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Expatriate journalist and film-maker John Pilger writes about his homeland with life-long affection and a passionately critical eye. In this fully updated edition of A Secret Country, he pays tribute to a little known Australia and tells a story of high political drama.

Buy Secret Country book by John Pilger from Australia's Online Bookstore, Boomerang Books.

Book Details

ISBN: 9780099152316
ISBN-10: 0099152312
Format: Paperback
(198mm x 129mm x 27mm)
Pages: 464
Imprint: Vintage
Publisher: Vintage Publishing
Publish Date: 21-May-1992
Country of Publication: United Kingdom

Reviews

US Kirkus Review » A desanitized view of Australia from a veteran Australian journalist, ranging from its founding as a penal colony in 1788 to the machinations of the "Old Mates," the powerful "dullards" who threaten the nation's hard-won status as a working-class society of equals. More than 160,000 came to Australia in chains, a practice continuing into the 1880's. Later generations tried to suppress their heritage, so Pilger had to do considerable work to unearth his great-great-grandmother, a pregnant 16-year-old Irish girl when she came over on one of the female slave ships. Such women were passed out first to "officers, then to non-commissioned officers, then privates, and lastly such ex-convict settlers as seemed 'respectable.'" Yet the offspring of convicts were more brutal still to Aborigines, taking them as slaves quite as in the American South. Aborigines were seen as animals; even into the 1950's babies were taken away at birth and "adopted"; full rights are still not accorded these people. Meanwhile, Australia, with its whites-only immigration policy, remained aloof from its Asian neighbors. When the UK's influence waned, the US stepped in, most notably with the use of Australian conscripts in the Vietnam War. According to Pilger, the CIA actually undertook a sort of coup by poisoning the chances for reelection of Prime Minister Gough Whitlam through its influences with powerful Governor General John Kerr. One of the most extraordinary portraits here is of Kerr, a boilermakers's son and rabid conservative whose weakness was booze; he lost his job when he made a drunken pass at the Queen. A brooding, often angry book. Pilger sees hope for this nation of battlers in the example of New Zealand, a superficially similar country that noisily rejected the US nuclear umbrella and has turned fully ten percent of its land into a national park. A startling look, then, at a country quite different from, and hauntingly similar to, the US. (Kirkus Reviews)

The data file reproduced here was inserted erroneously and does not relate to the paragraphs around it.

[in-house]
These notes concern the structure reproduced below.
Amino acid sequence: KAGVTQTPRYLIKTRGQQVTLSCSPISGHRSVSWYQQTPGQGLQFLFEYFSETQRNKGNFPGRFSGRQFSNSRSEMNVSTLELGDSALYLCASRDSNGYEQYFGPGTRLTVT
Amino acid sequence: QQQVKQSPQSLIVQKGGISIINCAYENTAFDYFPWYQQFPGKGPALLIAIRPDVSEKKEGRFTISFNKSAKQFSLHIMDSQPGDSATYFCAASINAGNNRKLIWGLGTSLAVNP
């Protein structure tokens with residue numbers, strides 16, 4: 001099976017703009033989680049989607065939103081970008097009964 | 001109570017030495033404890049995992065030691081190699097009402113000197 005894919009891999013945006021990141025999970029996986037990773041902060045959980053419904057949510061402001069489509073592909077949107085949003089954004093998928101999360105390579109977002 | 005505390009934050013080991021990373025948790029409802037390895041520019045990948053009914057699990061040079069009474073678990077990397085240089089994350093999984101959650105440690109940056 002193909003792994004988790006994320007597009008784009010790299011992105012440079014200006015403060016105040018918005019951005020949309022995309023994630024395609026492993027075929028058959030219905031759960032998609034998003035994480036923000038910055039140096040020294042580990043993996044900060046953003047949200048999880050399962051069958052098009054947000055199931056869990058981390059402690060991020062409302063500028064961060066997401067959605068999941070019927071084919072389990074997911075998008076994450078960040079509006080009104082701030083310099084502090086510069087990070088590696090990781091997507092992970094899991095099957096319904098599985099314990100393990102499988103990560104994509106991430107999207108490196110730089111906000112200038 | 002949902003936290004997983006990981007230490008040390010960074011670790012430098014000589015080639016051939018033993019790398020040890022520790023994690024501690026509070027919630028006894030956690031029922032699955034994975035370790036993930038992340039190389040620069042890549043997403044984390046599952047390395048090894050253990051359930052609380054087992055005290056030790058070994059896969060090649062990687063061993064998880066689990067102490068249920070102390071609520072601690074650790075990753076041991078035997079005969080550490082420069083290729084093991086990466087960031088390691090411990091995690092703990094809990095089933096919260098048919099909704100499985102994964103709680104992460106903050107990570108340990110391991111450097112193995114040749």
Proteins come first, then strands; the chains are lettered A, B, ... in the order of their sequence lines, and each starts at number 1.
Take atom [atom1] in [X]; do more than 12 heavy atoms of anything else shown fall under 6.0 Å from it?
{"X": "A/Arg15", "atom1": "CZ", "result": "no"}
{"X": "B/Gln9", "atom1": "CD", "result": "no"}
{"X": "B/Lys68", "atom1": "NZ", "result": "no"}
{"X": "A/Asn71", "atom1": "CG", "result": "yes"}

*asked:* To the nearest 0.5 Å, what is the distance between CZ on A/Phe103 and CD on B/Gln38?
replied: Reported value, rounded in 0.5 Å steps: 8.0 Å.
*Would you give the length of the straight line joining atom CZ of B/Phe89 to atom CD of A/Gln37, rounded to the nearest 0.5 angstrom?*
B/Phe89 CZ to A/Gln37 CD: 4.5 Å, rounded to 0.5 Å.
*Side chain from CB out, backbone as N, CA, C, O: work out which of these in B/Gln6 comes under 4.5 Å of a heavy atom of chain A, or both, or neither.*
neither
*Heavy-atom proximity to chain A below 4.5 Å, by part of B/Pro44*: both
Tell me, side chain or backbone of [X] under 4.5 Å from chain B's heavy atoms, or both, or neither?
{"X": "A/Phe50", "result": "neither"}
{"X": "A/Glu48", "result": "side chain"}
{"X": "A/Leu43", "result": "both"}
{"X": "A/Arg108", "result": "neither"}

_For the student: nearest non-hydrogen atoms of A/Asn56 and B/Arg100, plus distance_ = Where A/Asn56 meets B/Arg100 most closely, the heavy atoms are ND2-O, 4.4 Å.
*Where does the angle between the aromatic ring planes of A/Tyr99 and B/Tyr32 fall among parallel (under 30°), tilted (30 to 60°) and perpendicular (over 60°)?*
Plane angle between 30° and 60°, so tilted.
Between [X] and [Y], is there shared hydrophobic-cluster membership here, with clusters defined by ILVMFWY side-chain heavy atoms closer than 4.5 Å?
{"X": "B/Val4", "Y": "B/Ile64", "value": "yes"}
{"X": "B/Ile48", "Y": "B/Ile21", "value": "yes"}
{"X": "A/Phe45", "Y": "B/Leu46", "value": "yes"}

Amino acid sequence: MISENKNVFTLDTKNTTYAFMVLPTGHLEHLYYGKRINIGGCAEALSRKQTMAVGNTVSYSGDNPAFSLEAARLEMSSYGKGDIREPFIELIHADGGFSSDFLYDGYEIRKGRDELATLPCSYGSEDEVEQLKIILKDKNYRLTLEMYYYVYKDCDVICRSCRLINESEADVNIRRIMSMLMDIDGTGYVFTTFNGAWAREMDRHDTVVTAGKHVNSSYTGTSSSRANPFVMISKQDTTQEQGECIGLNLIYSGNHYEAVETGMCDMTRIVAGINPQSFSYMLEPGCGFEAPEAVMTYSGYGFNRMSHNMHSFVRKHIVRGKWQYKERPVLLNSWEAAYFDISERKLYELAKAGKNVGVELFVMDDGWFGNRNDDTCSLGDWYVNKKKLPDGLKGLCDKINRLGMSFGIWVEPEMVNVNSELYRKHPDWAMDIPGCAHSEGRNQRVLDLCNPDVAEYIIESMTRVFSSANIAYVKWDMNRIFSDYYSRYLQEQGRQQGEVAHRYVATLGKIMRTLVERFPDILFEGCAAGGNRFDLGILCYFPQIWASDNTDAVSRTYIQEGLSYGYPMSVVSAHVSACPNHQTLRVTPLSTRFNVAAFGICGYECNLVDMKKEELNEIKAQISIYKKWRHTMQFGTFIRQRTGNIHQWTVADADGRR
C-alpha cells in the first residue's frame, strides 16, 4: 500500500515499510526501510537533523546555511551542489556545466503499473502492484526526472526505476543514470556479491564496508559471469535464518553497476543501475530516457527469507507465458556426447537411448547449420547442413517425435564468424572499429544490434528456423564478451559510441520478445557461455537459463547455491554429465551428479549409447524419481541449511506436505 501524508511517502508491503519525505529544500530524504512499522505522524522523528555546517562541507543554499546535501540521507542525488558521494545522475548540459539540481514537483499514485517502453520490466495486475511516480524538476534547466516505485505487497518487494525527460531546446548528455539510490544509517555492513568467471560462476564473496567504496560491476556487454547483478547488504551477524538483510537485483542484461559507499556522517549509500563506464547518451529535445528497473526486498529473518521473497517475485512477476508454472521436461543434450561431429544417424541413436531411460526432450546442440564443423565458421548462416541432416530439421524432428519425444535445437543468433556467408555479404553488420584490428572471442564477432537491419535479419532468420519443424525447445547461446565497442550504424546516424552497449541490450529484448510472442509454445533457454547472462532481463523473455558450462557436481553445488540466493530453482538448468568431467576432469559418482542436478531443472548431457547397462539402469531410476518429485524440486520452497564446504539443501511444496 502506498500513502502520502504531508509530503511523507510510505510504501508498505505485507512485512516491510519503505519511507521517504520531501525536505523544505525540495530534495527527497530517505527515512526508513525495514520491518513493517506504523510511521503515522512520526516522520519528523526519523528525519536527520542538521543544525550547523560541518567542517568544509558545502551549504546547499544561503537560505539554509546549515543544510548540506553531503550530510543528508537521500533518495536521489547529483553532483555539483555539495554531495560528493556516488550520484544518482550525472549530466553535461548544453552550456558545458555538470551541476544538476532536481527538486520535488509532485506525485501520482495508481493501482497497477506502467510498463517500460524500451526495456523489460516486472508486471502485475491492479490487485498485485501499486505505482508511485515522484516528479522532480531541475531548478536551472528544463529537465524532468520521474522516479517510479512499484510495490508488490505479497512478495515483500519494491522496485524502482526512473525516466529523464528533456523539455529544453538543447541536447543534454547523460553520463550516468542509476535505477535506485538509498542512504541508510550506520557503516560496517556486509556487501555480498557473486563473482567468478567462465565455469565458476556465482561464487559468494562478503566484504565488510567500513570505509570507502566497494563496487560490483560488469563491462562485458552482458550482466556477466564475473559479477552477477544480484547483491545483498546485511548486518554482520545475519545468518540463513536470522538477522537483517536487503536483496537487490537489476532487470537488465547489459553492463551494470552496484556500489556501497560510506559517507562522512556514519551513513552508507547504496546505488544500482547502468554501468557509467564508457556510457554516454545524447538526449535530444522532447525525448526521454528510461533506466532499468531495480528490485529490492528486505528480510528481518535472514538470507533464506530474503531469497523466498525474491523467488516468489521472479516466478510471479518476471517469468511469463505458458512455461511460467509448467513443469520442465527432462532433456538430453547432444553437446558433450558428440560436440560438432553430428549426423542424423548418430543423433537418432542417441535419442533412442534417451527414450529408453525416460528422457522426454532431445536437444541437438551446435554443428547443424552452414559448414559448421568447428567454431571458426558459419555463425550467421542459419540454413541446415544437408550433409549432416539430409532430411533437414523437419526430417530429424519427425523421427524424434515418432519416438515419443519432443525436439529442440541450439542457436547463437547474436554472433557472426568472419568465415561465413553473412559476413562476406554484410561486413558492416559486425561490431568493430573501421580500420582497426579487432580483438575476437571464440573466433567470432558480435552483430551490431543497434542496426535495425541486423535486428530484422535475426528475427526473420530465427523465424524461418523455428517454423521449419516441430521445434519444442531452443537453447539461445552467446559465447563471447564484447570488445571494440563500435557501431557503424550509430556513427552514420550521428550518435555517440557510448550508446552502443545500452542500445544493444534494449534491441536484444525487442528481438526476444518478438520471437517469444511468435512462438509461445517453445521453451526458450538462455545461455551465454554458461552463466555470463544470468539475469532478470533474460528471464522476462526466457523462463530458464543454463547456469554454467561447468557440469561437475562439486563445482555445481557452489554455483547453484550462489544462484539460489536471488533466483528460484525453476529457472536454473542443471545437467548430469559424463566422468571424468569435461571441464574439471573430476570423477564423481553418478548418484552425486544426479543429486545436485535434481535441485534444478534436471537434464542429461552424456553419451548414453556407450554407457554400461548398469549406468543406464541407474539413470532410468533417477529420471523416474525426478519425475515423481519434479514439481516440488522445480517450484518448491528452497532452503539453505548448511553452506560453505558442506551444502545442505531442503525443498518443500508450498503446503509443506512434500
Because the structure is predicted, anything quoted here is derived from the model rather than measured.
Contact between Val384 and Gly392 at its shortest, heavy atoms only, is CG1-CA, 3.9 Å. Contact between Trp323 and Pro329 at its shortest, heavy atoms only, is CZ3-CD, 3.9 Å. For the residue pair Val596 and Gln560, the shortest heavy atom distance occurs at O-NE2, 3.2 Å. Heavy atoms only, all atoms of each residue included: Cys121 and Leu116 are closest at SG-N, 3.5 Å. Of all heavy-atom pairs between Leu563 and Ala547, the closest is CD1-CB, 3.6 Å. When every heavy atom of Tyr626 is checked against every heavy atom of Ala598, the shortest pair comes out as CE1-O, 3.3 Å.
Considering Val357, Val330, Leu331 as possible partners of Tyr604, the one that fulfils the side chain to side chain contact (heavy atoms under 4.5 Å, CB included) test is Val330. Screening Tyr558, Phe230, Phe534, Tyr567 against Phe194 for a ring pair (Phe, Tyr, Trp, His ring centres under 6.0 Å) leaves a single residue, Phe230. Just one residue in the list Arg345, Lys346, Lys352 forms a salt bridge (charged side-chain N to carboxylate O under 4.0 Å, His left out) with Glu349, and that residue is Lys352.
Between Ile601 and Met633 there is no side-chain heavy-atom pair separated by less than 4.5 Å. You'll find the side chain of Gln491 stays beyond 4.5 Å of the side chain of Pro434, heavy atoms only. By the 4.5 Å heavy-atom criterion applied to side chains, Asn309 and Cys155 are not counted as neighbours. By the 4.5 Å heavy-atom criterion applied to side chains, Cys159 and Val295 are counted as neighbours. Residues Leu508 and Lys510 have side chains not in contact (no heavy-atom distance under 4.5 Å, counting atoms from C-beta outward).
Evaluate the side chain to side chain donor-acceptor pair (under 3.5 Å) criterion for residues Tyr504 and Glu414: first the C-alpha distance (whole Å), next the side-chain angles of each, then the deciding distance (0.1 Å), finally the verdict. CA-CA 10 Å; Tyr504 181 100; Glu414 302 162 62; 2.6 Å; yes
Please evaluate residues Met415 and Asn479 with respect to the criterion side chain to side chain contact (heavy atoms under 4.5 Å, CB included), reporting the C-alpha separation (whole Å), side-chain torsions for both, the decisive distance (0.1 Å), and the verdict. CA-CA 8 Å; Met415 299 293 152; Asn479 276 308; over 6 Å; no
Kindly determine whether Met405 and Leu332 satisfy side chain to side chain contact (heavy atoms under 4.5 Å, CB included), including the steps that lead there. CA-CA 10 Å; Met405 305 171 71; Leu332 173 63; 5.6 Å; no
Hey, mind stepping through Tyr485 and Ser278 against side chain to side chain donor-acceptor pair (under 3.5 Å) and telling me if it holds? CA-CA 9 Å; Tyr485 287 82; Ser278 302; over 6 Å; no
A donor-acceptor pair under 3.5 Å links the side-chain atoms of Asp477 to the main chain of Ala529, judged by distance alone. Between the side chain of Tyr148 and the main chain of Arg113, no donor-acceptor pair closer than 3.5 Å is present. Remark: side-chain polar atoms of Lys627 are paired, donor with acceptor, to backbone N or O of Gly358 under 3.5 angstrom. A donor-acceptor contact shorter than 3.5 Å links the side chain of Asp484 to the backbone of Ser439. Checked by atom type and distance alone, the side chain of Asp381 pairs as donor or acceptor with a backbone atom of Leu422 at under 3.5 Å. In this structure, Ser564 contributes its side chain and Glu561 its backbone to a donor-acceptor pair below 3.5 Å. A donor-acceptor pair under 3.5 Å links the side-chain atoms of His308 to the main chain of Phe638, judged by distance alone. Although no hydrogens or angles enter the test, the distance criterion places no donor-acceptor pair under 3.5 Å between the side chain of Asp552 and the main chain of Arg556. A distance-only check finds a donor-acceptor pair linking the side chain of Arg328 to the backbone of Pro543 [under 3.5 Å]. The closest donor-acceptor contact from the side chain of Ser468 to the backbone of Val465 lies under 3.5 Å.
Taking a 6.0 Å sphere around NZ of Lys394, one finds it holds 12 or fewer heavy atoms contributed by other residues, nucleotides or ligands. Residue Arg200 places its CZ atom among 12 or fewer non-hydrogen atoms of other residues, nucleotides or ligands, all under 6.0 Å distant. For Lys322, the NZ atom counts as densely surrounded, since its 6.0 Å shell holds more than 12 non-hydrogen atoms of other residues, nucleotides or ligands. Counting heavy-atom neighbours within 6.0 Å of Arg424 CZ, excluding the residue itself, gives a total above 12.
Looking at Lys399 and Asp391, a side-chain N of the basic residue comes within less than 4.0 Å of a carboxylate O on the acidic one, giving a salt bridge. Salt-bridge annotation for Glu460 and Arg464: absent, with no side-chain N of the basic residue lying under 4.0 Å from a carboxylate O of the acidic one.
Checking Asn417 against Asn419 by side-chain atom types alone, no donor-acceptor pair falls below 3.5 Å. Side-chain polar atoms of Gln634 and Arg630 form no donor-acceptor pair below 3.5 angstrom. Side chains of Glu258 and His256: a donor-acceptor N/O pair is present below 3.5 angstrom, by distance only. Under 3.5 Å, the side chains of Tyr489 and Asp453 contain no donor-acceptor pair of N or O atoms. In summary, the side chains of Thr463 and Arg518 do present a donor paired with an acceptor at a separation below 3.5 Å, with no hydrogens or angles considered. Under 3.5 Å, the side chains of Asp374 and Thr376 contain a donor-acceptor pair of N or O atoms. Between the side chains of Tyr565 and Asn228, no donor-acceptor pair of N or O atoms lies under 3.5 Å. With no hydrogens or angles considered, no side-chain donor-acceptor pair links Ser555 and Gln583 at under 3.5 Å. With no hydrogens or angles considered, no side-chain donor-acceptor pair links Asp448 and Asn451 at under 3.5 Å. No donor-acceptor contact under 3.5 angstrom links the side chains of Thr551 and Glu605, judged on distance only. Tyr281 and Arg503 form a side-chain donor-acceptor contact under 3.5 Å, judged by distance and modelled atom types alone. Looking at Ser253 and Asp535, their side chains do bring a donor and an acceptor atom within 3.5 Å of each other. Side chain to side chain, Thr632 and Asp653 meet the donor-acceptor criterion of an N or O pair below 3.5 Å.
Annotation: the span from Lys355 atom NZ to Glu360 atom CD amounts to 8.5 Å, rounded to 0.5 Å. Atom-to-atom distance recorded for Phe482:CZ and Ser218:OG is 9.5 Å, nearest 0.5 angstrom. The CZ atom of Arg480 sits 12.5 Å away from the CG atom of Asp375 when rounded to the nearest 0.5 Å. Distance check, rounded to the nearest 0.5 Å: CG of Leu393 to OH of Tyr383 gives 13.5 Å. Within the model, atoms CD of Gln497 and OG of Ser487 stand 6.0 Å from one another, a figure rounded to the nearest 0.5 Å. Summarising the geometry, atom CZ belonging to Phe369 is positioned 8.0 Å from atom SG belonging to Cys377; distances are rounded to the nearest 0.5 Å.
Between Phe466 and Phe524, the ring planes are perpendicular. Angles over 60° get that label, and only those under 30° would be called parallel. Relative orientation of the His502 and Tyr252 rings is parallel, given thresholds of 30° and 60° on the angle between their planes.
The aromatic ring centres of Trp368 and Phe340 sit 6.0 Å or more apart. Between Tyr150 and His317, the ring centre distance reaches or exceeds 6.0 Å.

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Author Biography - John Pilger

John Pilger grew up in Sydney, Australia. He has been a war correspondent, author and film-maker. He has twice won British journalism's highest award, that of Journalist of the Year, for his work all over the world, notably in Cambodia and Vietnam. He has been International Reporter of the Year and winner of the United Nations Associated Peace Prize and Gold Medal. For his broadcasting, he has won France's Reporter Sans Frontieres, an American television Academy Award, an Emmy, and the Richard Dimbleby Award, given by the British Academy of Film and Television Arts. In 2003, he received the Sophie Prize for 'thirty years of exposing deception and improving human rights'.

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